I've seen this happen twice before and the results weren't pretty. We did this after Viet Nam, and we did it during the so-called "Peace dividend" era. Both created a hollow military and required massive spending to bring us up to par again:
For all of his lavish new spending plans, President Obama is making one major exception: defense. His fiscal 2010 budget telegraphs that Pentagon spending is going to be under pressure in the years going forward.
The White House proposes to spend $533.7 billion on the Pentagon, a 4% increase over 2009. Include spending on Iraq and Afghanistan, which would be another $130 billion (or a total of $664 billion), and overall defense spending would be around 4.2% of GDP, the same as 2007.
However, that 4% funding increase for the Pentagon trails the 6.7% overall rise in the 2010 budget -- and defense received almost nothing extra in the recent stimulus bill. The Joint Chiefs requested $584 billion for 2010 and have suggested a spending floor of 4% of GDP. Both pleas fell on deaf ears. The White House budget puts baseline defense spending at 3.7% of GDP, not including Iraq and Afghanistan. The budget summary pleads "scarce resources" for the defense shortfall, which is preposterous given the domestic spending blowout.
More ominously, Mr. Obama's budget has overall defense spending falling sharply starting in future years -- to $614 billion in 2011, and staying more or less flat for a half decade. This means that relative both to the economy and especially to domestic priorities, defense spending is earmarked to decline. Some of this assumes less spending on Iraq, which is realistic, but it also has to take account of Mr. Obama's surge in Afghanistan. That war won't be cheap either.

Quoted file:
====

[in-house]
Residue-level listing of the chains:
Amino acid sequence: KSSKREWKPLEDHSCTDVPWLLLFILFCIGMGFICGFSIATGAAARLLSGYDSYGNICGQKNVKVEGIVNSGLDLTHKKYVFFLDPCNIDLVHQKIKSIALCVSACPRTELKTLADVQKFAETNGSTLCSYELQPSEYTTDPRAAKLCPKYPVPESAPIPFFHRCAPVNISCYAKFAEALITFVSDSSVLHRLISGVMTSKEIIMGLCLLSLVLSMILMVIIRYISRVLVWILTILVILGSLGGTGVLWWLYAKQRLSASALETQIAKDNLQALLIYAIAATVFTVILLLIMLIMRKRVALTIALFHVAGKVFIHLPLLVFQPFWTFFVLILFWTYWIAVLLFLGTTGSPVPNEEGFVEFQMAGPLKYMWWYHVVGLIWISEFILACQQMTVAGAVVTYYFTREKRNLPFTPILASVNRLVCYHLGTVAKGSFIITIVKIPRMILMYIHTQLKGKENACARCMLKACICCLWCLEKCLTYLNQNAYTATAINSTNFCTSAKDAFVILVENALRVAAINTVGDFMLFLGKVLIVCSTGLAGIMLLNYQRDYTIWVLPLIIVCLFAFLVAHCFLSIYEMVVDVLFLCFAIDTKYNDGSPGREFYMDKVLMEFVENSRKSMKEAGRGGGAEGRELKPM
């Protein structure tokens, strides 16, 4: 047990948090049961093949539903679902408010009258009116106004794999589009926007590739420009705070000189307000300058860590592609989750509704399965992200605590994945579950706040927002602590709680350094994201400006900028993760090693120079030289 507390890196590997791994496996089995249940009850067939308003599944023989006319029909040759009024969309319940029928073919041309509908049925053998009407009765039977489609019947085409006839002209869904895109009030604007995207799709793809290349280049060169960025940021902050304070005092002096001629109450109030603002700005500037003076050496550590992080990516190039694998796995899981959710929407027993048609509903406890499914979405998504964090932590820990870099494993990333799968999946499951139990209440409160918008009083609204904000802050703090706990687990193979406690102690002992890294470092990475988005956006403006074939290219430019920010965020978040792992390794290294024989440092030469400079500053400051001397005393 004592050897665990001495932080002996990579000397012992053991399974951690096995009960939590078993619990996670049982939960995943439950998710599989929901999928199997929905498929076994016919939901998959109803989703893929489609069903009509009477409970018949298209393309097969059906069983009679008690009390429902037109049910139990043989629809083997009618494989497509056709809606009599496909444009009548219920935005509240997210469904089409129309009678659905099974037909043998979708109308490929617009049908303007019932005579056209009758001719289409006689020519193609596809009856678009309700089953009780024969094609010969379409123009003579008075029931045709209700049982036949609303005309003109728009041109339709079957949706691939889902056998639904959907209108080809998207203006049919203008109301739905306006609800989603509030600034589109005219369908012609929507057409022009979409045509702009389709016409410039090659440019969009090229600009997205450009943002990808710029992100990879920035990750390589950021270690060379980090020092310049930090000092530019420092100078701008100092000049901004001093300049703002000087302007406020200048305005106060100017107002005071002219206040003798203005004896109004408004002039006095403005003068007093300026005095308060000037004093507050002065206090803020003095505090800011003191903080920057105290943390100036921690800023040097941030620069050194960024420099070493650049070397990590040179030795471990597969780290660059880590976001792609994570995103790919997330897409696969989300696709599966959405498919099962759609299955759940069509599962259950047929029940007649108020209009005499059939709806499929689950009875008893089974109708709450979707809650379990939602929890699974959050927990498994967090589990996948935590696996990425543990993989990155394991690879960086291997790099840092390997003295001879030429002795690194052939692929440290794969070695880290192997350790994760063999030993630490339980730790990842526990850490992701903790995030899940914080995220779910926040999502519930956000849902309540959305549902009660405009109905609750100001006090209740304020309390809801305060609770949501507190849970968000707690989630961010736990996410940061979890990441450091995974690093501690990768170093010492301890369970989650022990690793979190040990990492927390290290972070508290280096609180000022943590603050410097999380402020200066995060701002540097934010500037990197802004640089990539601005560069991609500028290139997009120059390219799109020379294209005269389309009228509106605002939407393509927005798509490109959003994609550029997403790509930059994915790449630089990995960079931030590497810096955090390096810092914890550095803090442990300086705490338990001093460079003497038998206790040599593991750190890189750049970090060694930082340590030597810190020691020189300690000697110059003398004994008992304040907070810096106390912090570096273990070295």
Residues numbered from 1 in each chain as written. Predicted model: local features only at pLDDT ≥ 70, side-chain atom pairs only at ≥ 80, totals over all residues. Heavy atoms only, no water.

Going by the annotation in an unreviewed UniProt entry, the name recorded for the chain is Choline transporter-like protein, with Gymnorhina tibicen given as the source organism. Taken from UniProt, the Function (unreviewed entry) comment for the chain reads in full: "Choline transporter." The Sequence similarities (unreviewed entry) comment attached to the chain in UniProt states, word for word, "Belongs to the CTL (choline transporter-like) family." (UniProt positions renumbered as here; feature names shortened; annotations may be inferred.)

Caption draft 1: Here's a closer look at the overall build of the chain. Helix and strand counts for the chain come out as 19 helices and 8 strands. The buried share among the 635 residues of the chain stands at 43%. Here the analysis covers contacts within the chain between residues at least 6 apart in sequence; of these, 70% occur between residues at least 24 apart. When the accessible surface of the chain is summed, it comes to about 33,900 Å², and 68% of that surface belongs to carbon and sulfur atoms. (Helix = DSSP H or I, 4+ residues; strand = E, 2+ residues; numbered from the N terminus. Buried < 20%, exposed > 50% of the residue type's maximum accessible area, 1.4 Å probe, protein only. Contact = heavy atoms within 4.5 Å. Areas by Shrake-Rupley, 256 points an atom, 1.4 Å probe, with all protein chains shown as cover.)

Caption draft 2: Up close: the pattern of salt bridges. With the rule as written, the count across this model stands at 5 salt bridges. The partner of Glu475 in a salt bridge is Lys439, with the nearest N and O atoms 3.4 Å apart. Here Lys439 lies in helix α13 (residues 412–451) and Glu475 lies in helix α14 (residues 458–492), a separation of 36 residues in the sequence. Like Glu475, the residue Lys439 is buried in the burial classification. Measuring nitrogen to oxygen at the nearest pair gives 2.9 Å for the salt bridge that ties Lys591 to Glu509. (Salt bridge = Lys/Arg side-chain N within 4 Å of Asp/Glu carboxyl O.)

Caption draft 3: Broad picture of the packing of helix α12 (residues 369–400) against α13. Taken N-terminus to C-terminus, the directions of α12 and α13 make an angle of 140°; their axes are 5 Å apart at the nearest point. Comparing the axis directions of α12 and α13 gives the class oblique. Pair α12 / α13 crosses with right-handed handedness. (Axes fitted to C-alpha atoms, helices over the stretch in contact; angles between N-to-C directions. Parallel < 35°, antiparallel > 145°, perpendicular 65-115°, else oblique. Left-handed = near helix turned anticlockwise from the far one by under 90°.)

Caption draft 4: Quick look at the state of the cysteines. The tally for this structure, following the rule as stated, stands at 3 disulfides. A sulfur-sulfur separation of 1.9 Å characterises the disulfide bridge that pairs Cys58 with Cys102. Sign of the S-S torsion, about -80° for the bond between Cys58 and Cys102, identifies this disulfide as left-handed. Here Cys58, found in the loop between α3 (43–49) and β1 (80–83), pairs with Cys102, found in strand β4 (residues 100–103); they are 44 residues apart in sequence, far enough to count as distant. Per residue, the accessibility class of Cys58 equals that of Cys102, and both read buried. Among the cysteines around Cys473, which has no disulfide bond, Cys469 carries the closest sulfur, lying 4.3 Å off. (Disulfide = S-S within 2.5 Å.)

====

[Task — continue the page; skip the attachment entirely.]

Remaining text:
The danger is that Mr. Obama may be signaling a return to the defense mistakes of the 1990s. Bill Clinton slashed defense spending to 3% of GDP in 2000, from 4.8% in 1992. We learned on 9/11 that 3% isn't nearly enough to maintain our commitments and fight a war on terror -- and President Bush spent his two terms getting back to more realistic outlays for a global superpower.
American defense needs are, if anything, even more daunting today. Given challenges in the Mideast and new dangers from Iran, an erratic Russia, a rising China, and potential threats in outer space and cyberspace, the U.S. should be in the midst of a concerted military modernization. Mr. Obama's budget isn't adequate to meet those challenges.
Spending for defense is one of the few Constitutionally mandated requirements of government. Yes, we're certainly going through financial difficulties and yes, we should all share the sacrifice that entails. But as the article points out, that's not the case here.
A technological edge is a combat multiplier. Developing those technological advances takes time and money. That sort of development should be and remain a top priority for any government.
Certainly we can all appreciate the fact that there is waste, fraud and abuse within the procurement system. And we can all agree that should be rooted out. That too should be a priority.
But as I'm reading this, we're not talking about shared sacrifice, we're talking about programmed cuts over the years aimed at reducing overall defense spending (while fighting a war) to a lesser amount of the GDP. As the article says, at some point (especially with an expansion of personnel in the Army and Marine Corps) we're not going to have enough to maintain our commitments and fight the war on terror (even if we aren't supposed to refer to it as that anymore).
This is a dangerous path and one we've been on before. Lawmakers need to realize that while this sort of thing may save money in the short run, in the long run it usually ends up costing American lives. And given the recent glowing promises by the administration, that's just unacceptable. Nobody is asking for a blank check, but what we are asking for are the funds necessary to keep our commitments, build for future threats, keep our technological edge and keep the finest military the world has ever seen at its current level of training and effectiveness.